And then my second one was just feeling my heart swell, because I love to lead brands that touch people’s hearts. You always want to improve people’s lives, but I loved Reader’s Digest because it spoke to positivity and hope. And an oasis of optimism in a world of snark. And with Parents, when you think about optimism and hope, and happiness and meaning, very few things rival being a parent. So, this really hit my sweet spot of service and soul.

Samir Husni: And what has been the biggest stumbling block you’ve faced and how did you overcome it?

Liz Vaccariello: The biggest stumbling block? I don’t know; it was a pretty seamless transition. I was surprised and delighted to find that almost every single person on my team was enthusiastic about taking a shift in direction and tone. People who had been here decades were some of the most enthusiastic participants in the early research and rethink that we did. So, really delight and surprise at how positive people were to do something new and fresh with the magazine. I wouldn’t call it a stumbling block; I’d probably call it my biggest surprise.

Normally, when you come in, the new editor in chief will often bring in their new photo director, their new assistant, their new creative director, and I didn’t do any of that. I found that the team here was filled with superstars. Agnethe Glatved, who did the redesign with me, has been with the magazine eight years, and this is her third refresh of the magazine. When you have that level of talent, they’re able to pivot and embrace change. It was a nice experience.

Samir Husni: Let me go inside your great magazine maker mind, you come to a magazine that is doing well, there was nothing wrong with it; why change?

Liz Vaccariello: You change because your audience changes. The brand didn’t change, nor did what the audience needs from a parenting magazine change. But the generation coming into your space is different from the one that was entering your subscriber file five or ten years ago. They’re speaking a different language. Instead of helicopter parents, they’re the sons and daughters of helicopter parents. So, they’re looking at behavior in a different way. They’re looking at discipline in a different way. They are more interested in hearing from other moms and dads just like them.

For 90+ years, Parents Magazine has stood on the shoulders of its credibility. We’ve always done partnerships with the American Academy of Pediatrics. Every word and picture in Parents Magazine had a reputation for being absolutely trustworthy and credible. So, this generation of reader not only expects that kind of creds from our pages, they want that enhanced by what other parents are doing.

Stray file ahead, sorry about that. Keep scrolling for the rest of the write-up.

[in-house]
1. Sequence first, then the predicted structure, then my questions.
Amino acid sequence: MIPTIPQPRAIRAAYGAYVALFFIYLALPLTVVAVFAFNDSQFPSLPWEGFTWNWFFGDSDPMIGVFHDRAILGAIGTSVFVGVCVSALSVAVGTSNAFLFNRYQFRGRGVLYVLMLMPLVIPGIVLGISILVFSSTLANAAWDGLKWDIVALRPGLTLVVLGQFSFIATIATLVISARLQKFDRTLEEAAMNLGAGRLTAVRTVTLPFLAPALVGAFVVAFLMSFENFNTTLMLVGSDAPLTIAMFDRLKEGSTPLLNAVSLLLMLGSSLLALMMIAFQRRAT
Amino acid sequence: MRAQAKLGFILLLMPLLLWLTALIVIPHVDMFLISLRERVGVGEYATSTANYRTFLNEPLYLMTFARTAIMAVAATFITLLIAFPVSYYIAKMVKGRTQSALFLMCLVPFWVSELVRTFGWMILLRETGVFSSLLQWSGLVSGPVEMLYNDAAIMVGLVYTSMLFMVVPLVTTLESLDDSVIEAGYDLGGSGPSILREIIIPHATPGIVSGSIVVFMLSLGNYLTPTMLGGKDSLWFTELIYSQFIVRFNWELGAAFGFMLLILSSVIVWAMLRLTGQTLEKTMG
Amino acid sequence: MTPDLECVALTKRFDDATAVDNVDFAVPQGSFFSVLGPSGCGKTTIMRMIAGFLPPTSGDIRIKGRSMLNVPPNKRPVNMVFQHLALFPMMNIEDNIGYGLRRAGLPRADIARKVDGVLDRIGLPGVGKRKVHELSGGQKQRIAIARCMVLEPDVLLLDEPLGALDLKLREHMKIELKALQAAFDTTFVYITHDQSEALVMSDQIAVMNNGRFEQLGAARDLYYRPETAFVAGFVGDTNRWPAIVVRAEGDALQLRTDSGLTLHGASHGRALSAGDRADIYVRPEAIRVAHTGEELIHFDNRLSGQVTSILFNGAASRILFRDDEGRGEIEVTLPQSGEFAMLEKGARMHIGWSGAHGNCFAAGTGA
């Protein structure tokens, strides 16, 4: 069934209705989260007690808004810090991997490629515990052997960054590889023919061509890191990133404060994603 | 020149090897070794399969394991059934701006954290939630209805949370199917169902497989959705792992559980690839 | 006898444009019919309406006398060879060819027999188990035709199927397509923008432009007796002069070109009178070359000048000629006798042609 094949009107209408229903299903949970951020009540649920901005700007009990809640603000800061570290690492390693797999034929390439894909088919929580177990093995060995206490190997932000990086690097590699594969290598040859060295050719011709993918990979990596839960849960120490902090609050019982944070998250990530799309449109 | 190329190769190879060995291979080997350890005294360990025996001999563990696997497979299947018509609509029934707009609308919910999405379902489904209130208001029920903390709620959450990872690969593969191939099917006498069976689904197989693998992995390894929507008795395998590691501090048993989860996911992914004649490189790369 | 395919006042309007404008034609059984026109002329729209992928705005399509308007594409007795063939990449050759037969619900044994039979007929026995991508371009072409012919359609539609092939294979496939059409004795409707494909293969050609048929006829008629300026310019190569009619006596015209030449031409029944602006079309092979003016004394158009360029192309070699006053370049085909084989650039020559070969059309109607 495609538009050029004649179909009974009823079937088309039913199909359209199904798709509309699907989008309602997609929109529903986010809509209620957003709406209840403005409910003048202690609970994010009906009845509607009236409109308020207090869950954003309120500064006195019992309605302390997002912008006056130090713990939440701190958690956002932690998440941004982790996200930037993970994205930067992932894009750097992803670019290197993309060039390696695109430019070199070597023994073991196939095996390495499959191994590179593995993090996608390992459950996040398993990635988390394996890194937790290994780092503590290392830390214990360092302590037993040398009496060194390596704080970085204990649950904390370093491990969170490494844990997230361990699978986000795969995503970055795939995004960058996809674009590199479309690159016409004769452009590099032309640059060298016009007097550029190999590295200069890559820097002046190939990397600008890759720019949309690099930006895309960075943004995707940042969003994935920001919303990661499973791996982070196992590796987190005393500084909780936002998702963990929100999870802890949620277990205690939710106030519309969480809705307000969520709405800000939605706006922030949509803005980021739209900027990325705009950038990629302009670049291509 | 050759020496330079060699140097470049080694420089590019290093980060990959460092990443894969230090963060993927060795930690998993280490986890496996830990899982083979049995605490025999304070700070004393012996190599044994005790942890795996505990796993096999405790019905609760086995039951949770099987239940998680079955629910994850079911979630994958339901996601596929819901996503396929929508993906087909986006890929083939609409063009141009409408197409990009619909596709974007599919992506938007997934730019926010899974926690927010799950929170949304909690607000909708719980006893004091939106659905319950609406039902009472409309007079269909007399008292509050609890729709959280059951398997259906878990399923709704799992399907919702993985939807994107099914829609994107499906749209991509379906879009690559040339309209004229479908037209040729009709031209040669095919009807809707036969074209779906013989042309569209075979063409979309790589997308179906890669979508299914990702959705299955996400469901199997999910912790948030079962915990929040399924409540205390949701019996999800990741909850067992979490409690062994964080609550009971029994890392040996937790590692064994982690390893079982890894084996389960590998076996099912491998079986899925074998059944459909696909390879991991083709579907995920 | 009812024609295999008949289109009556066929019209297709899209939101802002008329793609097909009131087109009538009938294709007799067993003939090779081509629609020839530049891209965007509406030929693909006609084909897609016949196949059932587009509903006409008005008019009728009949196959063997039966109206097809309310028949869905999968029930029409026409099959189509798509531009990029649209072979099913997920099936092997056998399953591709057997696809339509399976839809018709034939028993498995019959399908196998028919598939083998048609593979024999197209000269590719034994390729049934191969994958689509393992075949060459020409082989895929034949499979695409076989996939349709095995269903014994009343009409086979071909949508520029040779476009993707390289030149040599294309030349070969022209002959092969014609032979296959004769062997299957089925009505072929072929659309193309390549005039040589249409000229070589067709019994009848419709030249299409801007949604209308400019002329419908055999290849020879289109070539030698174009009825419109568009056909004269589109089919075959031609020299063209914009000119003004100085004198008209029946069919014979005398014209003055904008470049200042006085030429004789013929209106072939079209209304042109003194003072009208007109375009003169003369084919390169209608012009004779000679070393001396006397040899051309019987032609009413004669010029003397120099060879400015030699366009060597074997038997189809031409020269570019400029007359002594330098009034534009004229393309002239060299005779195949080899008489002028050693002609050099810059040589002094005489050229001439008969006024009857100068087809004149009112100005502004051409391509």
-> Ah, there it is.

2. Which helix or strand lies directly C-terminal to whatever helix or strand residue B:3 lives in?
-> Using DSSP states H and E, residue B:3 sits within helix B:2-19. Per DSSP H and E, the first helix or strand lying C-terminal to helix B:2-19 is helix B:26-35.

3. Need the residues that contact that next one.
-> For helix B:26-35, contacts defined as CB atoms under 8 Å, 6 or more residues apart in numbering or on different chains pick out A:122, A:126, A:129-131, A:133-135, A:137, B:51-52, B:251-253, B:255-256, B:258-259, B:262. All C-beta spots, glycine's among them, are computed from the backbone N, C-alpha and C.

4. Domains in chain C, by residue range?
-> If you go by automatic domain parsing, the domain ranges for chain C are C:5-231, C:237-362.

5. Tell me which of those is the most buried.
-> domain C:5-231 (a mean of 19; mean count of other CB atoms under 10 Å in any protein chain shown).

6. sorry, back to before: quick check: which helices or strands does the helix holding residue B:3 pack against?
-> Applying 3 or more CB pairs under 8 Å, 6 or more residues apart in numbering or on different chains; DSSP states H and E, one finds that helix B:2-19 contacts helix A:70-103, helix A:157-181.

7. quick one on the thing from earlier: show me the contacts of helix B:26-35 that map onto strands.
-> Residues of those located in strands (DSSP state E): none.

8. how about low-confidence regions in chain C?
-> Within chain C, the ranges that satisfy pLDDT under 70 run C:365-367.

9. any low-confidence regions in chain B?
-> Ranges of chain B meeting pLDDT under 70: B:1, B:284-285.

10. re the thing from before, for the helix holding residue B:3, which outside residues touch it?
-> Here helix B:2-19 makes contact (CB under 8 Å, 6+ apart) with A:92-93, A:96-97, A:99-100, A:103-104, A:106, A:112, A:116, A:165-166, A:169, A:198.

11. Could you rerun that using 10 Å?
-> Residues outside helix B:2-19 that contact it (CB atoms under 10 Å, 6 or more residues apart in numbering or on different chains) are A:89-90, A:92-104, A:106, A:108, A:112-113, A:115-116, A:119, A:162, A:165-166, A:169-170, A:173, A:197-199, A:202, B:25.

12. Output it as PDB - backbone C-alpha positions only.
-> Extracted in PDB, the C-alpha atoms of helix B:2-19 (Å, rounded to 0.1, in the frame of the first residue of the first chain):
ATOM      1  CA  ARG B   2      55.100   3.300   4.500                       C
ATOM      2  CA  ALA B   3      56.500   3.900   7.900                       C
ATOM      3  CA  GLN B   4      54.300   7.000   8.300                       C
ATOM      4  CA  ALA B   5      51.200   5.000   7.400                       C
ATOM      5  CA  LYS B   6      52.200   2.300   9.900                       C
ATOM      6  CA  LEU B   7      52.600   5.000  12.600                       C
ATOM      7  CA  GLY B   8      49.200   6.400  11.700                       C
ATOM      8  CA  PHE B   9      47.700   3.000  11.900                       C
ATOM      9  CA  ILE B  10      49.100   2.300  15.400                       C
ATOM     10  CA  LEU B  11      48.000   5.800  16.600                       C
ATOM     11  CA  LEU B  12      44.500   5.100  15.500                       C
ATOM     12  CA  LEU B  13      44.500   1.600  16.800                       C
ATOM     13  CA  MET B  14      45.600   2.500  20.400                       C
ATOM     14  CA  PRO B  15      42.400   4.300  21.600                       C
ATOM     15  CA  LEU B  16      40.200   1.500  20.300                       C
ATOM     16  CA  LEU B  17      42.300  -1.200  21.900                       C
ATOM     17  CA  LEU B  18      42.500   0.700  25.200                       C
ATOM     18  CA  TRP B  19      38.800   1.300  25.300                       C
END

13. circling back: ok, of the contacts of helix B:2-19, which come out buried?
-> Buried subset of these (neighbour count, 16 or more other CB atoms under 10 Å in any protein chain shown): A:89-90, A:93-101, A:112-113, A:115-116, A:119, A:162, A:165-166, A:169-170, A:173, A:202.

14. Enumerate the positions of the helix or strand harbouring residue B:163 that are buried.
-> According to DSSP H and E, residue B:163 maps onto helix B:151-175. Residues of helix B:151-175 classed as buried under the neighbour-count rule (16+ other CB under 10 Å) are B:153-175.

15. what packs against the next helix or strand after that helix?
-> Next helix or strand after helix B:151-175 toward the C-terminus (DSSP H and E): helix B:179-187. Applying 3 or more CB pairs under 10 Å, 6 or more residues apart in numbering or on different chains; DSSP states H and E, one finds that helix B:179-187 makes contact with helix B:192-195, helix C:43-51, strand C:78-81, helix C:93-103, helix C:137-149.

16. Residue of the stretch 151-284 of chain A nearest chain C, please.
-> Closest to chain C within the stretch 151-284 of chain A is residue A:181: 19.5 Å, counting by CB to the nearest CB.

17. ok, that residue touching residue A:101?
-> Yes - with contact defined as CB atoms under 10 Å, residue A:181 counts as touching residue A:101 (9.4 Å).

They want to know what the experts say, they want to know that trampolines are dangerous; the American Academy of Pediatrics warns parents against having any kind of trampolines in the backyard. But they also want to make their own decisions. Maybe to them the benefit of family exercise and the hours spent jumping on the safest trampoline they can get is worth the mild risk that somebody might twist an ankle. So, what are other parents doing? And how do they justify having a trampoline? So, you need to add how other people in their world are interpreting the news and the guidelines.

Samir Husni: Is there anything you’d like to add?

Liz Vaccariello: I think it’s interesting. We call it the Meredith Parents Network, and Parents Magazine is the jewel in the crown of the Network. And by far, the largest of the magazines, but it also includes Fit Pregnancy and Baby, FamilyFun Magazine, Parents Latina and Ser Padres.

This role is unique in that I am running; I am hands-on-editor-and-chiefing (laughs) the biggest magazine, and the biggest part of the business. But I also get to think beyond the magazine and the magazine’s core general brand and think about Latina parents, one out of every four babies born in this country is born to an Hispanic parent. So, Parents Latina is growing very quickly. And it’s fun to turn my attention to that demographic and see what we can do to interpret this voice and this information for them.

And then think about the baby space and the pregnancy space, and what kind of digital products; what apps; what magazines can we offer the pregnant mom or the wanting-to-be pregnant woman. So, there is always something new; the business is constantly evolving and shifting. It’s a bigger job in that I get to do a lot of fun things, in addition to editing the one magazine.

Samir Husni: Why have we seen more line extensions in the Hispanic market than we have in the African American markets when it comes to the main titles?

Liz Vaccariello: That’s a really interesting question. In the case of parenting, and I’ll answer in my space in particular, something unique happens when a second generation Latina in the United States becomes a mom. She doesn’t necessarily think of her Latina identity in the forefront of her mind until that moment she has a baby.

And then suddenly she’s thinking more about her heritage and it becomes much more important to her. She wants to have one foot back in that culture. And it’s important that her child be perhaps bilingual and understand the Spanish language. Maybe she doesn’t know it, so she wants to learn it too. So, the cultural touchpoints become very important to her in the parenting space. That’s why in my network Parents Latina made sense.

Samir Husni: What memories from your own childhood do you reflect on in your role as editor in chief and head storyteller of a parenting magazine?